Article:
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Bardic Arts

Torvald Torgarson
May 2, 2003 (AS XXXVIII)

Freya's tears do freely
fall in streams from mighty
Ymer's bones. To bear the
burden shall the seekers
raise the river fire to
wrap the hands so boldly.
Given out so gladly
granted by the breaker.

Written for fun and posted to SCA-West. This is a riddle. Can you guess the answer? If not it is below ....

One of the most valuable and respected skills of the skalds of Scandinavia was the ability to extemporize verses on short notice. One skald, Sigvat Thordarson was noted for being able to compose poetry as fast as normal people could talk. Imagine, holding a conversation entirely in skaldic verse! The Occasional Verse was used whenever the skald was inspired, wished to make a point, or to draw attention to a situation.

Most of the examples of Occasional Verse I have been able to find have been in Dravkaet form, and in my work I follow that example. The structure of drakvaet consists of a pair of six syllable lines each with three stresses. There will be three alliterations in each pair of lines. In the first line there will be two alliterations that can fall on any stressed syllable. In the second line there will be one alliteration that must fall on the first stressed syllable. Then four pairs of lines will make a stanza. In traditional drakvaet there will also be two internal rhymes in each pair of lines. If these internal rhymes are imperfect rhymes such as ham and back, or pill and well, this would be known as a skothending, or glancing hit. If it was a perfect rhyme it is called adalhending, or a full hit. In addition the glancing hit must be in the odd numbered line, and the full hit in the even line. Moreover, the rhyme must fall on the second and last syllables of the line.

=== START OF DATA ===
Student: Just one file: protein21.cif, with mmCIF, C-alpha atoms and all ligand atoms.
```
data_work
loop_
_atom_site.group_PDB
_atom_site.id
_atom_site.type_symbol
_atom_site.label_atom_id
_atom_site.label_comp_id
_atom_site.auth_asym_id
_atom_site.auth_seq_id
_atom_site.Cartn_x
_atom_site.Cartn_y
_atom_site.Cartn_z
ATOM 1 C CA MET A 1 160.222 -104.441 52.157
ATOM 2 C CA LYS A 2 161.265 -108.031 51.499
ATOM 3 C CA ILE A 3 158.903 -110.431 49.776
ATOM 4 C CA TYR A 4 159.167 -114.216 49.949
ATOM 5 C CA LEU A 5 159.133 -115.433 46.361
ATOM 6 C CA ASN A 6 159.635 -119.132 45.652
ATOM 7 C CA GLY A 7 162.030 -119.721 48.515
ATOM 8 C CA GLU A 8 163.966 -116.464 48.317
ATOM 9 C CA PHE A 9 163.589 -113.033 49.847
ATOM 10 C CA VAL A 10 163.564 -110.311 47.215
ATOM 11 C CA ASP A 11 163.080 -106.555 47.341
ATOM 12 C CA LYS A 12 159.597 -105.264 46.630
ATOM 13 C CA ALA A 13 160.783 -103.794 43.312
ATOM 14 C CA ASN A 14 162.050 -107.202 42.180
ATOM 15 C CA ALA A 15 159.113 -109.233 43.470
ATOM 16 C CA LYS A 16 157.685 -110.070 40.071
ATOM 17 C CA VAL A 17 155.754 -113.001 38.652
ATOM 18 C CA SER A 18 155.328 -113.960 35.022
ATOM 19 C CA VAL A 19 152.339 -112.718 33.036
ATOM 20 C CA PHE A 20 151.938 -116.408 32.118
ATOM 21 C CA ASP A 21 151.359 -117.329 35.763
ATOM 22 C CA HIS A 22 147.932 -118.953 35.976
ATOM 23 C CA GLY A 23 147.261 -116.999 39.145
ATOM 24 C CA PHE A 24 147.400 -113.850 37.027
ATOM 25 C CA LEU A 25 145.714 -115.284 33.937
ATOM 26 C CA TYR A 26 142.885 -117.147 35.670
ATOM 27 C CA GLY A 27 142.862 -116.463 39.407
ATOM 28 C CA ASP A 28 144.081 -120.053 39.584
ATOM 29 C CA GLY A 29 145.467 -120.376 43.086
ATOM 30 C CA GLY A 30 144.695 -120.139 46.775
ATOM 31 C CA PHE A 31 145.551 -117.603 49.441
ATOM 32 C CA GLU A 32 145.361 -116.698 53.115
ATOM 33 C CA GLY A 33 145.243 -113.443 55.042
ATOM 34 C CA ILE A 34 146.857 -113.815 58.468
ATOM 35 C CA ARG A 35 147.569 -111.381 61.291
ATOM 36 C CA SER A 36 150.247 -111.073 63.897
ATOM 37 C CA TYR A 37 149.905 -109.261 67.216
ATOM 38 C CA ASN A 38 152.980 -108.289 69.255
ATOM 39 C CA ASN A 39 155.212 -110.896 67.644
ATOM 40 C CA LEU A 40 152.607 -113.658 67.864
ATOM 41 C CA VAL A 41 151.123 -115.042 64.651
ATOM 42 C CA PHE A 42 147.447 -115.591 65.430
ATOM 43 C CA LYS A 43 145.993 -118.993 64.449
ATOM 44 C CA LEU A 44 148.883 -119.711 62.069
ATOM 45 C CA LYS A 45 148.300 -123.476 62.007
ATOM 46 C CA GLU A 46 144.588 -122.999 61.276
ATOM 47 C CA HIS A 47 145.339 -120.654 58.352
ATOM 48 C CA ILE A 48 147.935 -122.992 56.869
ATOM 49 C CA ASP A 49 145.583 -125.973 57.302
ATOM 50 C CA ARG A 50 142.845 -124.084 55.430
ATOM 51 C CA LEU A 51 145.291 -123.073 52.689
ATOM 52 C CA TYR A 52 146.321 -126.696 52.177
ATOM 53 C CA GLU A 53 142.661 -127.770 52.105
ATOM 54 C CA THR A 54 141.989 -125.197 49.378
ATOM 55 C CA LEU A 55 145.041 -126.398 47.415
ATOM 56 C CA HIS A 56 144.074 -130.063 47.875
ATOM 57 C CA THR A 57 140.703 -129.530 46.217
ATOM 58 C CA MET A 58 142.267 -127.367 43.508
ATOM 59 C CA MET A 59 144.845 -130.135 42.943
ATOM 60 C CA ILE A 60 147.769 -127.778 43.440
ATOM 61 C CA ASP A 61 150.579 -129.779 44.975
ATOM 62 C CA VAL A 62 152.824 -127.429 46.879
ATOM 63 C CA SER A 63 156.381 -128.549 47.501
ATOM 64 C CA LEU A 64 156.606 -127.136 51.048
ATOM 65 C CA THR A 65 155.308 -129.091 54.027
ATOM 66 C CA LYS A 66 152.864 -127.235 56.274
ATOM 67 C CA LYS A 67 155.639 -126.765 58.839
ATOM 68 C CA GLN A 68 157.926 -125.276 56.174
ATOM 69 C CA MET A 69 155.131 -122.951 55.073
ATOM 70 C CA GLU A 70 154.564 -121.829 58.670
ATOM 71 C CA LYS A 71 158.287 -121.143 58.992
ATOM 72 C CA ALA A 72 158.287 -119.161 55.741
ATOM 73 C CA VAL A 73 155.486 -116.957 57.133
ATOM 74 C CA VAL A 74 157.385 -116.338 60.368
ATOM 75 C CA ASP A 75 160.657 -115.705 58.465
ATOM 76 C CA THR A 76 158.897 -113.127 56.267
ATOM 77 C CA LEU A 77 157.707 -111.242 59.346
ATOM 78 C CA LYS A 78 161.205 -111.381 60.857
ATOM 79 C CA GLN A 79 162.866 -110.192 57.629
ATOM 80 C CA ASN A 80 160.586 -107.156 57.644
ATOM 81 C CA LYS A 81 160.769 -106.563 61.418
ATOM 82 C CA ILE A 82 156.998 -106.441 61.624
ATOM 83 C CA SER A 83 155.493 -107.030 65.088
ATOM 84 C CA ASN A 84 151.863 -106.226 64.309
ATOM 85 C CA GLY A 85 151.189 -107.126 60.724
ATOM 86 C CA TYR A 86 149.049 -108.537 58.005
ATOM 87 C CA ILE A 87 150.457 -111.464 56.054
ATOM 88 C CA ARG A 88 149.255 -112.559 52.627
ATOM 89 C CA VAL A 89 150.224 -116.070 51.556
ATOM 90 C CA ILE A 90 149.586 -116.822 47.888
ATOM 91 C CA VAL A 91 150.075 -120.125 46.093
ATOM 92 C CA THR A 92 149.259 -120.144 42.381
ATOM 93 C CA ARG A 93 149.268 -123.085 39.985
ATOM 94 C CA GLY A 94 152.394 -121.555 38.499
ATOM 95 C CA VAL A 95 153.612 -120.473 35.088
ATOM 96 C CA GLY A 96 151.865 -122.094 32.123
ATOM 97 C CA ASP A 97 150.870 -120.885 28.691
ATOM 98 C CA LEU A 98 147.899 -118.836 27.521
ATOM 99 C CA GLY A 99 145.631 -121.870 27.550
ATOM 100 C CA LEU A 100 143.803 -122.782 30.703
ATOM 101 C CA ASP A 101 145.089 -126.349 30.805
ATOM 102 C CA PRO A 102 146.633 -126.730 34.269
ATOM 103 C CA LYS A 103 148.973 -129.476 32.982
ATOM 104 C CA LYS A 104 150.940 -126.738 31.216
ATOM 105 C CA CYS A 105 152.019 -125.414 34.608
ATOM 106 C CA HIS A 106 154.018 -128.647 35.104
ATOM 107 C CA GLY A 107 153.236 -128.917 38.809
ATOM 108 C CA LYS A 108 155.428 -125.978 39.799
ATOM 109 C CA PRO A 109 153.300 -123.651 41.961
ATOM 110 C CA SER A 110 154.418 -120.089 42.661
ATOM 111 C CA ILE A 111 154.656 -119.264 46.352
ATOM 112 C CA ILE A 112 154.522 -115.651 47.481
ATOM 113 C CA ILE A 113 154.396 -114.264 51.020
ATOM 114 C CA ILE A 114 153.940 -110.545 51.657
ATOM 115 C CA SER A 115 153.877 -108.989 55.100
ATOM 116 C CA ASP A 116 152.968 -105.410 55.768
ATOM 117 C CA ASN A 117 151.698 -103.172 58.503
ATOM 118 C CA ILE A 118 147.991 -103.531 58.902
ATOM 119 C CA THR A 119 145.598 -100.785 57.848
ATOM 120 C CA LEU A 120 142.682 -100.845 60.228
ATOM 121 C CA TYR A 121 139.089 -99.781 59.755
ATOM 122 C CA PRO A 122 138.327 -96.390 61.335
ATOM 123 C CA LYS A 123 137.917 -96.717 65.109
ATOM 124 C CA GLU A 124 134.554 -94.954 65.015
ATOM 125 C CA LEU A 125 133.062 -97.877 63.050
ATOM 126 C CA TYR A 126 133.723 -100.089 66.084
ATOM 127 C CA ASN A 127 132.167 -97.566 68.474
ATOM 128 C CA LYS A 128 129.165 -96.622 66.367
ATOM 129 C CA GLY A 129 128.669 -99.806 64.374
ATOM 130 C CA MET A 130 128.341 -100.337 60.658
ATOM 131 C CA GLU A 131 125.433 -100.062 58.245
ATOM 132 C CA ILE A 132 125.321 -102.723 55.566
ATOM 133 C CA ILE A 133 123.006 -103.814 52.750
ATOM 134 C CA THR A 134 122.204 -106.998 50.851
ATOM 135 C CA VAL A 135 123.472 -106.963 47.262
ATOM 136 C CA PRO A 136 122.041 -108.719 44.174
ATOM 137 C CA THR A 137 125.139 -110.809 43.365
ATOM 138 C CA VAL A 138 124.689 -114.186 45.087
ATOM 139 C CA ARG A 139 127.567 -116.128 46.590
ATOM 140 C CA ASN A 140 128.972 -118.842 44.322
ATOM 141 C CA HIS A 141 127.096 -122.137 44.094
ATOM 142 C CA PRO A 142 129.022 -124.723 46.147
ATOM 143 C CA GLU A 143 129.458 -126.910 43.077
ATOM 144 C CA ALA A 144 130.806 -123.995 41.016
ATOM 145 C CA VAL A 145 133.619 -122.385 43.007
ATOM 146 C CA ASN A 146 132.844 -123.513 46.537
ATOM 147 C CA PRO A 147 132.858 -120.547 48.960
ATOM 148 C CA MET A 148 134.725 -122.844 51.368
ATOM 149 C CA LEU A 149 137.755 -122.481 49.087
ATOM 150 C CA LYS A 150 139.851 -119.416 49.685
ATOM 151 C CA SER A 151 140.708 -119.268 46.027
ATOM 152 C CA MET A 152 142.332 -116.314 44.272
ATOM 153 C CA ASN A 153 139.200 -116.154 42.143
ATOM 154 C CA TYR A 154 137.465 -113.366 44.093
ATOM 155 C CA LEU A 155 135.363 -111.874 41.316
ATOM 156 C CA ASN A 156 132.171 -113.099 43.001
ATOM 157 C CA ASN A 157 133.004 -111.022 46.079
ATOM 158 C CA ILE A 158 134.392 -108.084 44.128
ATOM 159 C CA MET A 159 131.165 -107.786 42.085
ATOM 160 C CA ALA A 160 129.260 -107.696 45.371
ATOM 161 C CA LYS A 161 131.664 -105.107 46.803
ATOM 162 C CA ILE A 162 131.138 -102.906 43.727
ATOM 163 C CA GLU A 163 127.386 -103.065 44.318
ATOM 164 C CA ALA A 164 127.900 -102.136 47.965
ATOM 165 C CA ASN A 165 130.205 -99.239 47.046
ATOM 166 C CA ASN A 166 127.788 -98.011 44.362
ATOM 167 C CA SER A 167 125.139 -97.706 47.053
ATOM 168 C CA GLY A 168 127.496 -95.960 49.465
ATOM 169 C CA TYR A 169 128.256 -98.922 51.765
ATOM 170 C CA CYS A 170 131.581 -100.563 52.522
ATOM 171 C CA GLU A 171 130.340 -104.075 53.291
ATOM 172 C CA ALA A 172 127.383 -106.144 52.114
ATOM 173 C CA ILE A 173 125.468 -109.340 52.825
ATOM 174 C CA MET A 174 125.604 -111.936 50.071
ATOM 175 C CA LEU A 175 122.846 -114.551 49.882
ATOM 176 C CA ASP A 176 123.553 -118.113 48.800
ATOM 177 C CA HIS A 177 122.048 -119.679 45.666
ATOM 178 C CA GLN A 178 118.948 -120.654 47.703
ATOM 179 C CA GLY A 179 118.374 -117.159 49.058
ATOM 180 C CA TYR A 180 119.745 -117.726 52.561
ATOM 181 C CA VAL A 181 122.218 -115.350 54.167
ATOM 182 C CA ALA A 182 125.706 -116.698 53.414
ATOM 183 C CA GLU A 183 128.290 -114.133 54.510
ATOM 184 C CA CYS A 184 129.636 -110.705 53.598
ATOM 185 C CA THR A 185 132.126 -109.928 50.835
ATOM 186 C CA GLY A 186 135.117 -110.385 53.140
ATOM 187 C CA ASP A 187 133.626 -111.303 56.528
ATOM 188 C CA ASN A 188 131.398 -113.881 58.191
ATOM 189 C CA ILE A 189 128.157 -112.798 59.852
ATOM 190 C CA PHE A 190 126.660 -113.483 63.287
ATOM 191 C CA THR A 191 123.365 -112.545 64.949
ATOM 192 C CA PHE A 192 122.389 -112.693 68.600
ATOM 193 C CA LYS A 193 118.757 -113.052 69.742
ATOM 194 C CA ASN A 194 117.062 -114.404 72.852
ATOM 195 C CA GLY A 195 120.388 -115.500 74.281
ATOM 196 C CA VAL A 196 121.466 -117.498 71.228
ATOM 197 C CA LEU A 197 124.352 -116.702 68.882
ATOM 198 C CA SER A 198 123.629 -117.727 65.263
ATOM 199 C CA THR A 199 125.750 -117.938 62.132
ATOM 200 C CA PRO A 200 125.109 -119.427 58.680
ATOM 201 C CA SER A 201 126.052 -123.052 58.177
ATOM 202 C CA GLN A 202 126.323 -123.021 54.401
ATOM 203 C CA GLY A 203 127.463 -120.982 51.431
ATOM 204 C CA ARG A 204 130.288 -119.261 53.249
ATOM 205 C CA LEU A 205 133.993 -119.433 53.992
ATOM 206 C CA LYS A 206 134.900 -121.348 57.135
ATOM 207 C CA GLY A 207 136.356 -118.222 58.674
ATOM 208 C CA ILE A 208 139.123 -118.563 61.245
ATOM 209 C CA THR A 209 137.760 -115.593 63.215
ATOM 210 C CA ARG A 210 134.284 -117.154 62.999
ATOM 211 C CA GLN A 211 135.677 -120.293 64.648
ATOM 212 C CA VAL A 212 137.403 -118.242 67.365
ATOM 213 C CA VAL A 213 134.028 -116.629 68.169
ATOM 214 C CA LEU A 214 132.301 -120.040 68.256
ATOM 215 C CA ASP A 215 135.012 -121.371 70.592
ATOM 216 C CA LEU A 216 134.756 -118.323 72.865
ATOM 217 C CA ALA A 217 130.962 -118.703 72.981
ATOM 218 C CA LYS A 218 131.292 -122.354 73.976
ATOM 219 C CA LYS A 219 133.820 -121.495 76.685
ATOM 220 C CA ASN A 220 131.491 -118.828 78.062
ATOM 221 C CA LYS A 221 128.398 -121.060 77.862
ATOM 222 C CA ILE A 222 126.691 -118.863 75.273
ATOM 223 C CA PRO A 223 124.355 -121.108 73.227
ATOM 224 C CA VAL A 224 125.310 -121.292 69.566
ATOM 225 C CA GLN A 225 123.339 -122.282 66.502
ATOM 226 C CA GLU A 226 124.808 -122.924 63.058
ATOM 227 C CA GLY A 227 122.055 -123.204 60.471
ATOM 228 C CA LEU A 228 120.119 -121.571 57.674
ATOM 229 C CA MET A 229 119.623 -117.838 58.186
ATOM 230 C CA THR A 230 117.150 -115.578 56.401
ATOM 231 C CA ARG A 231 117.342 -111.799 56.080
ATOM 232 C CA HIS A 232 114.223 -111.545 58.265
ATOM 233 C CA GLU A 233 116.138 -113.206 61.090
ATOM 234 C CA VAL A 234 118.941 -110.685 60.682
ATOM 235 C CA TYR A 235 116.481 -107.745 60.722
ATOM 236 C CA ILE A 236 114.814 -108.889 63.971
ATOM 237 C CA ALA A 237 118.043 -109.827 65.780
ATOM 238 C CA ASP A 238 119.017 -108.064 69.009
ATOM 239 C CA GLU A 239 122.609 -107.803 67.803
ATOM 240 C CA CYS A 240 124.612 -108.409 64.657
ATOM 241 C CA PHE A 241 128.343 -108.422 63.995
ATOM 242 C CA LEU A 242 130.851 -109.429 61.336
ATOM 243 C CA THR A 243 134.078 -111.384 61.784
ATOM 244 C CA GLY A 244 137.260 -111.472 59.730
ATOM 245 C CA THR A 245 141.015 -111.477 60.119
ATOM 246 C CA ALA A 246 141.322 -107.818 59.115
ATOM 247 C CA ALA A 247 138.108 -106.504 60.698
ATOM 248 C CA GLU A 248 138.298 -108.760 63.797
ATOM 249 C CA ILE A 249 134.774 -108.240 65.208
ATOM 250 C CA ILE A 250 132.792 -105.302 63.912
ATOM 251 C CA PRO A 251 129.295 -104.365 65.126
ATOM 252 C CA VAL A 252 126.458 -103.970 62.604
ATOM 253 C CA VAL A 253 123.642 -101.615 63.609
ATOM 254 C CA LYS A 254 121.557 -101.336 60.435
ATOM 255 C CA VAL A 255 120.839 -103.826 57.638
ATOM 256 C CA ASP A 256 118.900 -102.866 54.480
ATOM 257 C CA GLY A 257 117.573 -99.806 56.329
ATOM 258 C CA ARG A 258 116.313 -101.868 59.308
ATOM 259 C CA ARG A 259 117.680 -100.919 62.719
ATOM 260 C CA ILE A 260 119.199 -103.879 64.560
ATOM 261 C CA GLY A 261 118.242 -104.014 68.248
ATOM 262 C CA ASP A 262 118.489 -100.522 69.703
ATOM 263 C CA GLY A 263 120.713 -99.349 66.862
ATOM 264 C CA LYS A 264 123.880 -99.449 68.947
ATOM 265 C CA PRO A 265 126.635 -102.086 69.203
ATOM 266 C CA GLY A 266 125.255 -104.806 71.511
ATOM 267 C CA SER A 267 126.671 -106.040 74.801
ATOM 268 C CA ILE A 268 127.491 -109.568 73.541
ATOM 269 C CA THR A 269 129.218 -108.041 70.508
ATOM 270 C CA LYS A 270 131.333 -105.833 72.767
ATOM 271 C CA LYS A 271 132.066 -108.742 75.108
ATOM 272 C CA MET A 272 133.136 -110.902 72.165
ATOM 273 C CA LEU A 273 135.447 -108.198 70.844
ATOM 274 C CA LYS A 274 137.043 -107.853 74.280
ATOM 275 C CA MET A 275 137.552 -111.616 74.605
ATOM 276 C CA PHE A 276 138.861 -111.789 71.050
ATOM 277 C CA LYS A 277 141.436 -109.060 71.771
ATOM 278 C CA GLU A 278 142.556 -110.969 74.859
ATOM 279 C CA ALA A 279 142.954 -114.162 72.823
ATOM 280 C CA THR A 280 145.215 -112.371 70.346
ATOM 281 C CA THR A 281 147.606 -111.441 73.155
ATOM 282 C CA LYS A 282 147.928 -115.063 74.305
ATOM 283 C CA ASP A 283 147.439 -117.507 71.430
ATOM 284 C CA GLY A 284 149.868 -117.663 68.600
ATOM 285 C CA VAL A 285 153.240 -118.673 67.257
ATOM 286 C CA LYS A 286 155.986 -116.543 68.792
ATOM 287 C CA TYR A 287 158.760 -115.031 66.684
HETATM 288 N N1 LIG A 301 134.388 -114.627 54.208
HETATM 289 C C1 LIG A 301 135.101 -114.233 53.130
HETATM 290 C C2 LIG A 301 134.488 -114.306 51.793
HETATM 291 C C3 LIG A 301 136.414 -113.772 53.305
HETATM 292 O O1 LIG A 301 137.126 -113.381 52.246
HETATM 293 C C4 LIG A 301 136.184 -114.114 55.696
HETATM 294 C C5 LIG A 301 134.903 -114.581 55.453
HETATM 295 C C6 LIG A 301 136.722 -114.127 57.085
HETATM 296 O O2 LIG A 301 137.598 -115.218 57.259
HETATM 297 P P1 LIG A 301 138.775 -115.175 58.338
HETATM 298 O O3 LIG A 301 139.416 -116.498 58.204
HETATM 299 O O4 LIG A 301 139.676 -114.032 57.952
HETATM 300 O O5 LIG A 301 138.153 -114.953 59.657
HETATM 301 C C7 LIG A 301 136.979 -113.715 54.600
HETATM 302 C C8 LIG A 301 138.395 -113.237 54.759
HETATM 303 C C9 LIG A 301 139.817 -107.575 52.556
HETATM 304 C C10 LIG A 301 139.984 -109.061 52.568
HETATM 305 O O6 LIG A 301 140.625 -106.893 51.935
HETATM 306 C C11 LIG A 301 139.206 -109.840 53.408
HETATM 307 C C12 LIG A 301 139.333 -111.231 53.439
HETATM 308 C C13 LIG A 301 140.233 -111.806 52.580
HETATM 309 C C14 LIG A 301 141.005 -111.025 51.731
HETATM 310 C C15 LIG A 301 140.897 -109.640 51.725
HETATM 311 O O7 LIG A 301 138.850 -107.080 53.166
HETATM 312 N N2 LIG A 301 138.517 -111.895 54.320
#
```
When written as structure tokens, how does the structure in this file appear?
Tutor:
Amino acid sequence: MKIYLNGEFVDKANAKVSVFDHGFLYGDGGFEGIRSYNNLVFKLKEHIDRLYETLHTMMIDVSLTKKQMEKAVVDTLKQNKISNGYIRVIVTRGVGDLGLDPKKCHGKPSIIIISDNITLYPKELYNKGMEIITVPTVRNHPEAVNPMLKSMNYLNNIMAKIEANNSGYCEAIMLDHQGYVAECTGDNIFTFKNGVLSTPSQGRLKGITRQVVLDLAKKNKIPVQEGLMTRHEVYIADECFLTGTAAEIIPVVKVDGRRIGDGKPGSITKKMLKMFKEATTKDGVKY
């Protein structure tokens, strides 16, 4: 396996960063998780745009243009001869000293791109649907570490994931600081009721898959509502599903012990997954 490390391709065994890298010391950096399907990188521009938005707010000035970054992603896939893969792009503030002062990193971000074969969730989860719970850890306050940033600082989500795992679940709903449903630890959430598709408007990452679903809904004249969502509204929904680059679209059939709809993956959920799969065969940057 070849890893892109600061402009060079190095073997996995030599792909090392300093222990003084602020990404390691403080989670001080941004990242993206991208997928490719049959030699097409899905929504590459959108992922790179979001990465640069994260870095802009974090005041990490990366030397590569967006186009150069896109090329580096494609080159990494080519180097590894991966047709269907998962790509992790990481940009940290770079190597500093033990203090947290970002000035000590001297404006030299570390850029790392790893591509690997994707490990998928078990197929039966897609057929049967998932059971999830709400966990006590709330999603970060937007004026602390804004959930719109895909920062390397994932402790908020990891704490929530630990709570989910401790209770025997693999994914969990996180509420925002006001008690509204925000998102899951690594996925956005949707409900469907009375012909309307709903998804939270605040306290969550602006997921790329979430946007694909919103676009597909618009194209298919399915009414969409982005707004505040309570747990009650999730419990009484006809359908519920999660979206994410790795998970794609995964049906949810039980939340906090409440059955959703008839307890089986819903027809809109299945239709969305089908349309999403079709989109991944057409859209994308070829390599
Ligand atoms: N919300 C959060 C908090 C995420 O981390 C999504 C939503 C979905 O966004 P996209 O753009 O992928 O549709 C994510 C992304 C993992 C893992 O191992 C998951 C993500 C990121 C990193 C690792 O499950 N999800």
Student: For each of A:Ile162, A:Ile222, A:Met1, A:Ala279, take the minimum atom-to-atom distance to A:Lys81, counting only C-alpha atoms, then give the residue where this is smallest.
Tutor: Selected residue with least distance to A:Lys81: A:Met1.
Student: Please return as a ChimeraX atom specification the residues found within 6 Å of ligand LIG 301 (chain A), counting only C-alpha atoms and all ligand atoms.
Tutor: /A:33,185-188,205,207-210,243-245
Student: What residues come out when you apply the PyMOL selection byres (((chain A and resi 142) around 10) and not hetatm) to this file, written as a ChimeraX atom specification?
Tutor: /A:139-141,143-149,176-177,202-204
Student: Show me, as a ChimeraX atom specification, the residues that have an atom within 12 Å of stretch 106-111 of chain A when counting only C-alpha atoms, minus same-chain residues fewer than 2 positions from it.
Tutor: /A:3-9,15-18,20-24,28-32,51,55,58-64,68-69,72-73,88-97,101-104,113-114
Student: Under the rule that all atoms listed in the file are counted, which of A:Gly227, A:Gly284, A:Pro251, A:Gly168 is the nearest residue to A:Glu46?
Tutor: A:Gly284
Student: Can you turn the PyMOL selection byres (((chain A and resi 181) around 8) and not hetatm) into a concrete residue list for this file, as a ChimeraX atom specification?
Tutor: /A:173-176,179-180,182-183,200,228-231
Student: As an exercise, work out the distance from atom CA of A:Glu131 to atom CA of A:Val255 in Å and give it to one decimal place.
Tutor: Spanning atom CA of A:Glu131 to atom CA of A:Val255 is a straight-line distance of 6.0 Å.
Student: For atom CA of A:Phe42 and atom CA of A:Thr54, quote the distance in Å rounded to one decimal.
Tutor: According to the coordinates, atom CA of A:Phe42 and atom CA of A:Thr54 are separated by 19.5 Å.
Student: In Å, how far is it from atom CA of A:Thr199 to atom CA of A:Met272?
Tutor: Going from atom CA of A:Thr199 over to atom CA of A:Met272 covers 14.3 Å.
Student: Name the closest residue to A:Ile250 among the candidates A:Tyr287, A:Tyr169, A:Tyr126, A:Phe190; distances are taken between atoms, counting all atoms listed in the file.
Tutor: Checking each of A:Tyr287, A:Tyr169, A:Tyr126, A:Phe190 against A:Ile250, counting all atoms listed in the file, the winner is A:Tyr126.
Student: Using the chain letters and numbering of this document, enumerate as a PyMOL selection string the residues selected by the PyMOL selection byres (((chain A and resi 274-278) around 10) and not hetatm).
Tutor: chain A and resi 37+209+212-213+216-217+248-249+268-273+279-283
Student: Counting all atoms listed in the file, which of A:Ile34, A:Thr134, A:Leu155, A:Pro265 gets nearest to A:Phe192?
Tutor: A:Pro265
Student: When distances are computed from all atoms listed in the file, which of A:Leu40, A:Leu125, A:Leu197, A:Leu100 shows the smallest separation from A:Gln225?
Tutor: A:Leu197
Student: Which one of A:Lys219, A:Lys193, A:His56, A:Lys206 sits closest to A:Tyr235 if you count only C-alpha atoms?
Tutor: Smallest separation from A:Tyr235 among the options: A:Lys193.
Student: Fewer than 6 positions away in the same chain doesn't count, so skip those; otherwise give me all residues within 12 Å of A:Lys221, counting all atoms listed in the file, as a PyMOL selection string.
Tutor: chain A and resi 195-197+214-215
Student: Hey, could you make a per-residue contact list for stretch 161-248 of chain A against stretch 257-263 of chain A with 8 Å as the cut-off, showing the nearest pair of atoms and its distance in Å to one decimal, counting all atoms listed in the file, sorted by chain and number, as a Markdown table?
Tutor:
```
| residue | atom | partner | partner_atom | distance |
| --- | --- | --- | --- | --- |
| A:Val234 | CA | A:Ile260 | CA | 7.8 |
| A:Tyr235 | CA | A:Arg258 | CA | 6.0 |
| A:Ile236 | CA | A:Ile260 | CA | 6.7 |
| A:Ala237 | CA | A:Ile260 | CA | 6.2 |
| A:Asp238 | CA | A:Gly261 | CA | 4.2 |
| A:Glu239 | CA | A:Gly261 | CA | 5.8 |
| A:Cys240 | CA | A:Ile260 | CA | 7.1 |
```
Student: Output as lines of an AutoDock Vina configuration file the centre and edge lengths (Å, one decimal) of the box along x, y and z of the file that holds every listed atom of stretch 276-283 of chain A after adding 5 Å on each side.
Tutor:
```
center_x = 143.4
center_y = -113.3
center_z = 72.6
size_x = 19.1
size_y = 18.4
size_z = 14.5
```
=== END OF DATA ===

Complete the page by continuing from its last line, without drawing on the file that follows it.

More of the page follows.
In my work I do not make use of the internal rhyming for the same reasons that Prof. Lee M. Hollander states in his book, The Skalds, A Selection of Their Poems, on the first page of the preface. I did not, frankly, because I found myself unequal to the task, but also because experience has shown that internal rhyme now falls on deaf ears. With all of the other strict parameters of the drakvaet this one area has proven to be beyond me, and with rest of the structure intact I believe I have still kept within the spirit of the form. -- Torvald

(This is from Torvald's collection of verse: Occasional Verses, and used with his permission.)

Answer: According to Norse Mythology Freya cries tears of gold. Ymers Bones is a kenning for mountains. Seekers is a heit for prospectors. River Fire is a tradional kenning for gold. Breaker is a heit, refereing to the traditional kenning Ring Breaker for King.

So translation of the verse is:
Gold falls in streams and rivers from the mountains and gathered by the prospectors. It is then made in to rings given out by the King.

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